• Poor Baby --> Can be cast as level 1 spell. Powerup increases quantity linearly OR increases range (touch -> close -> short -> medium -> long).
    • etc...

Bard (Rogue Subtype)
Limited talent versatility compared to Rogue. Better spellcaster, but less flexible (in combat takes a turn to switch from casting to fighting).
  • At least one talent must be presentation-oriented (music, acting, singing, dancing, etc.).
  • Can use a presentation tool as a wizard-like focus for spellcasting (e.g. instrument, prop).
  • During combat, takes one turn to switch between a performance (spellcasting) and regular combat attacks.

Mystic (Rogue Subtype)
A simpler version of my Mystic Type as a Rogue Subtype. The ability to optimize for mental attributes and the tank-like CON/WIZ ability is offset by increased spell cost and limited unarmed / mystic focus damage.
  • Use mental attributes for combat adds when fighting unarmed or with mystic focus weapons (IQ, WIZ, CHA, LK).
    • Mystic focus weapons do not provide any other benefits.
  • Spells cost 1.5x WIZ to cast.
  • Body and Mind are one: CON and WIZ are interchangeable for taking damage and casting mystic spells.
  • Can fight unarmed or with mystic focus weapons with (1d6 * STR Multiplier) + 1d6 + combat adds.
    • For human characters, this would mean 2d6 + combat adds
    • This is the same as the Martial Arts rules in TNT Deluxe but with an additional 1d6

Huntsman (Warrior Subtype)
A simpler version of my Huntsman Type as a Warrior Subtype. Sort of like a more combat-oriented rogue or dungeoneer.
  • Gain warrior combat dice only on surprise attacks or ranged attacks while hidden.
  • Cannot wear metal or other heavy armor (or else lose other huntsman abilities).
  • Gain one of the following as a bonus talent: trap-making, trap-setting, hunting, tracking, lumberjacking, survivalism

Artificer (Wizard Subtype)
Less flexible than a wizard, but arguably longer-lasting. Additionally, depending on what kind of spells are imbued in what kinds of items, they can be made to be more warrior-like.
  • Can imbue items with spells.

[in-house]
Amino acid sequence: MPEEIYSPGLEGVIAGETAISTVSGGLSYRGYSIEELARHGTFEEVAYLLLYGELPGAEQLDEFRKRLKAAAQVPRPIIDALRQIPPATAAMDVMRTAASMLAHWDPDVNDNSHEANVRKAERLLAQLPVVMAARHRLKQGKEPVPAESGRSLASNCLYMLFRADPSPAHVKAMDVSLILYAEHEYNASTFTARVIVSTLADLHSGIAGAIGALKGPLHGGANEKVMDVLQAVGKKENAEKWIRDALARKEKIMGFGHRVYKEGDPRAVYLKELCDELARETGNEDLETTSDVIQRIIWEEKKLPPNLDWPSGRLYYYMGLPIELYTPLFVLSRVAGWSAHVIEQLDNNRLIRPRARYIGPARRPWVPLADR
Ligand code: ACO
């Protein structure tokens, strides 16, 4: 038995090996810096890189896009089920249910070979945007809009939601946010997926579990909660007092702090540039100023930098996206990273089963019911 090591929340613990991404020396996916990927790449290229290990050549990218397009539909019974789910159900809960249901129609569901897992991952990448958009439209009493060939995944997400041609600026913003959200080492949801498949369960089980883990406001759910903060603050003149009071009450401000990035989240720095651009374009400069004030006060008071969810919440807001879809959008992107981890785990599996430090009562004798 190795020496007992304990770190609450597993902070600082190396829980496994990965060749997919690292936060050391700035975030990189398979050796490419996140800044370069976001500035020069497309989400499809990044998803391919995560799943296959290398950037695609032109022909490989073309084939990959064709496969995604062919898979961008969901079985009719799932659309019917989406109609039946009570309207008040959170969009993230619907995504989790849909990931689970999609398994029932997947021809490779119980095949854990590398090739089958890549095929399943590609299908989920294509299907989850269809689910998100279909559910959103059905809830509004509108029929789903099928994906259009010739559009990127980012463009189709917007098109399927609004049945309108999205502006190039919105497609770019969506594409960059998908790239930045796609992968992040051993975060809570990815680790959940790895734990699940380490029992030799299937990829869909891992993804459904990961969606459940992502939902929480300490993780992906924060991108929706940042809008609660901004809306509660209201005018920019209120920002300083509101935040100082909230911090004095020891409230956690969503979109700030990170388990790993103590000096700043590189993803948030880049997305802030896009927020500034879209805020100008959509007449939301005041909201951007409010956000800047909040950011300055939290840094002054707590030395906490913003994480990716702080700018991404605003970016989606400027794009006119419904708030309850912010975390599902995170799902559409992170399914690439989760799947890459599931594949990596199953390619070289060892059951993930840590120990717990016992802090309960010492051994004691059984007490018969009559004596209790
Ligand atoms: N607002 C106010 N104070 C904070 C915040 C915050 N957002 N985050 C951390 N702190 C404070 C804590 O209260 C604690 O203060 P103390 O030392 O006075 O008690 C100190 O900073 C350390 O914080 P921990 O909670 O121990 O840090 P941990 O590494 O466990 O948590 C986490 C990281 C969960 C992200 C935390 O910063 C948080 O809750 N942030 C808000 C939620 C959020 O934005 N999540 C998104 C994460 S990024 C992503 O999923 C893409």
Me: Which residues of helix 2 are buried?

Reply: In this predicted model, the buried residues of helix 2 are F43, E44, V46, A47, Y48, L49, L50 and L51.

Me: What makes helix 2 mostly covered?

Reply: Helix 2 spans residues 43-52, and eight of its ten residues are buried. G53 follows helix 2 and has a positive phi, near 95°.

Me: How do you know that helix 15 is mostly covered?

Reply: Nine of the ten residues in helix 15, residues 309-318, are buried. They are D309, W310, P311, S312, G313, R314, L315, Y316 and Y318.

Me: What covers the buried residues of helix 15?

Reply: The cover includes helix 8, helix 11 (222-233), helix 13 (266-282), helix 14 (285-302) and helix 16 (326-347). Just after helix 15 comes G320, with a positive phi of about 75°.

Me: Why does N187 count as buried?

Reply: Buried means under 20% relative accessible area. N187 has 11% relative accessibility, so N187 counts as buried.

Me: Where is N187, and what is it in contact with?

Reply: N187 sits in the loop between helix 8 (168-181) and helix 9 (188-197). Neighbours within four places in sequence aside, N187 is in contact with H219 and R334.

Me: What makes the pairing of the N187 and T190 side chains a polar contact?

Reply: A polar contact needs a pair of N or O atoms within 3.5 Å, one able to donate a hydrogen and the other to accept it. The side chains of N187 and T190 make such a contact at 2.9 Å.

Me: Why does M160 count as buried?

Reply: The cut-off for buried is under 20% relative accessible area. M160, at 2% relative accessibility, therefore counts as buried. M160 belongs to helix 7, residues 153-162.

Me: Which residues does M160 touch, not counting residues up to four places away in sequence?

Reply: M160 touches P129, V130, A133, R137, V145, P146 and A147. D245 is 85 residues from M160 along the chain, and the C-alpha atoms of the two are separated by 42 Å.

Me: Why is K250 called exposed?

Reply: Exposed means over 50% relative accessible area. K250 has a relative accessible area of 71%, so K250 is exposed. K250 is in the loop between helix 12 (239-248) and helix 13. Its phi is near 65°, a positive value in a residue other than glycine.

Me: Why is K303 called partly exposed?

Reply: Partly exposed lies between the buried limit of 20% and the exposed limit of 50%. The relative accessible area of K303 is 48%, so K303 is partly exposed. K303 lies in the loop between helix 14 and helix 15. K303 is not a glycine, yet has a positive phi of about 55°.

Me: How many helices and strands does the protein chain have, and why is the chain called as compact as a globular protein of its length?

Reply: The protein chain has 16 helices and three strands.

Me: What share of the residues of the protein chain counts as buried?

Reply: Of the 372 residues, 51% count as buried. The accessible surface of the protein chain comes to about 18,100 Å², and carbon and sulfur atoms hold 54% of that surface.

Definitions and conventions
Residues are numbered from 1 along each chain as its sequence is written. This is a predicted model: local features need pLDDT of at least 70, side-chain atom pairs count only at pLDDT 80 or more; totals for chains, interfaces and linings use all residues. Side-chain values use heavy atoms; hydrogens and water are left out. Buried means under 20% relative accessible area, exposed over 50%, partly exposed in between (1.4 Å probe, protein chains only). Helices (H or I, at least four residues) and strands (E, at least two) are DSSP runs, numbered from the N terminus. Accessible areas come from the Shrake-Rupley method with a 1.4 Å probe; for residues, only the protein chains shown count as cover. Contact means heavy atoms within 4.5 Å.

• Imbued spells do not cost WIZ to cast.
    • Only Artificers can cast imbued spells.
    • Can only imbue spells of artificer-level or lower.
    • Takes spell-level hours to imbue an item.
    • Must roll SR Luck for wear & tear after each casting of imbued spell.
    • Artificer's WIZ is reduced by the WIZ cost of the spell plus spell-level until the imbued item is destroyed or discarded. If the imbued item is later retrieved / put to use, the WIZ reduction re-applies.
      • Discarded means nobody in the party has access to it. If you give it to a party-member it still affects your WIZ.
    • An item can only be imbued with one spell at a time.
  • Cannot cast spells.

Thursday, October 31, 2019

Terrible & Awesome Sorcerers

I was discussing Robert E. Howard (Conan)-style Sorcery with Lungfungus of Melancholies & Mirth, who is doing some really cool stuff with Conan-style mechanics, and we came to a topic I've thought a lot about and been meaning to come back to in a blog post.

Magic in D&D and other tabletop RPGs is very mechanical, more so in D&D 3.+ than in OSR, but still, it is mechanical, and in being mechanical, loses some of the metaphysical, abstract, metaphoric "Terrible & Awesomeness" of Howard magic, or magic in other older fantasy literature (I would argue this all applies more or less to Tolkien as well).

So below is a Terrible & Awesome Sorcerer generator; the Fate of those who become entangled with them, their otherwordly Presence, and what makes them a Force of Nature (and how to overcome them). Figuring out how to work with, work against, or avoid them at all costs, becomes a challenge unto itself, like a fairytale.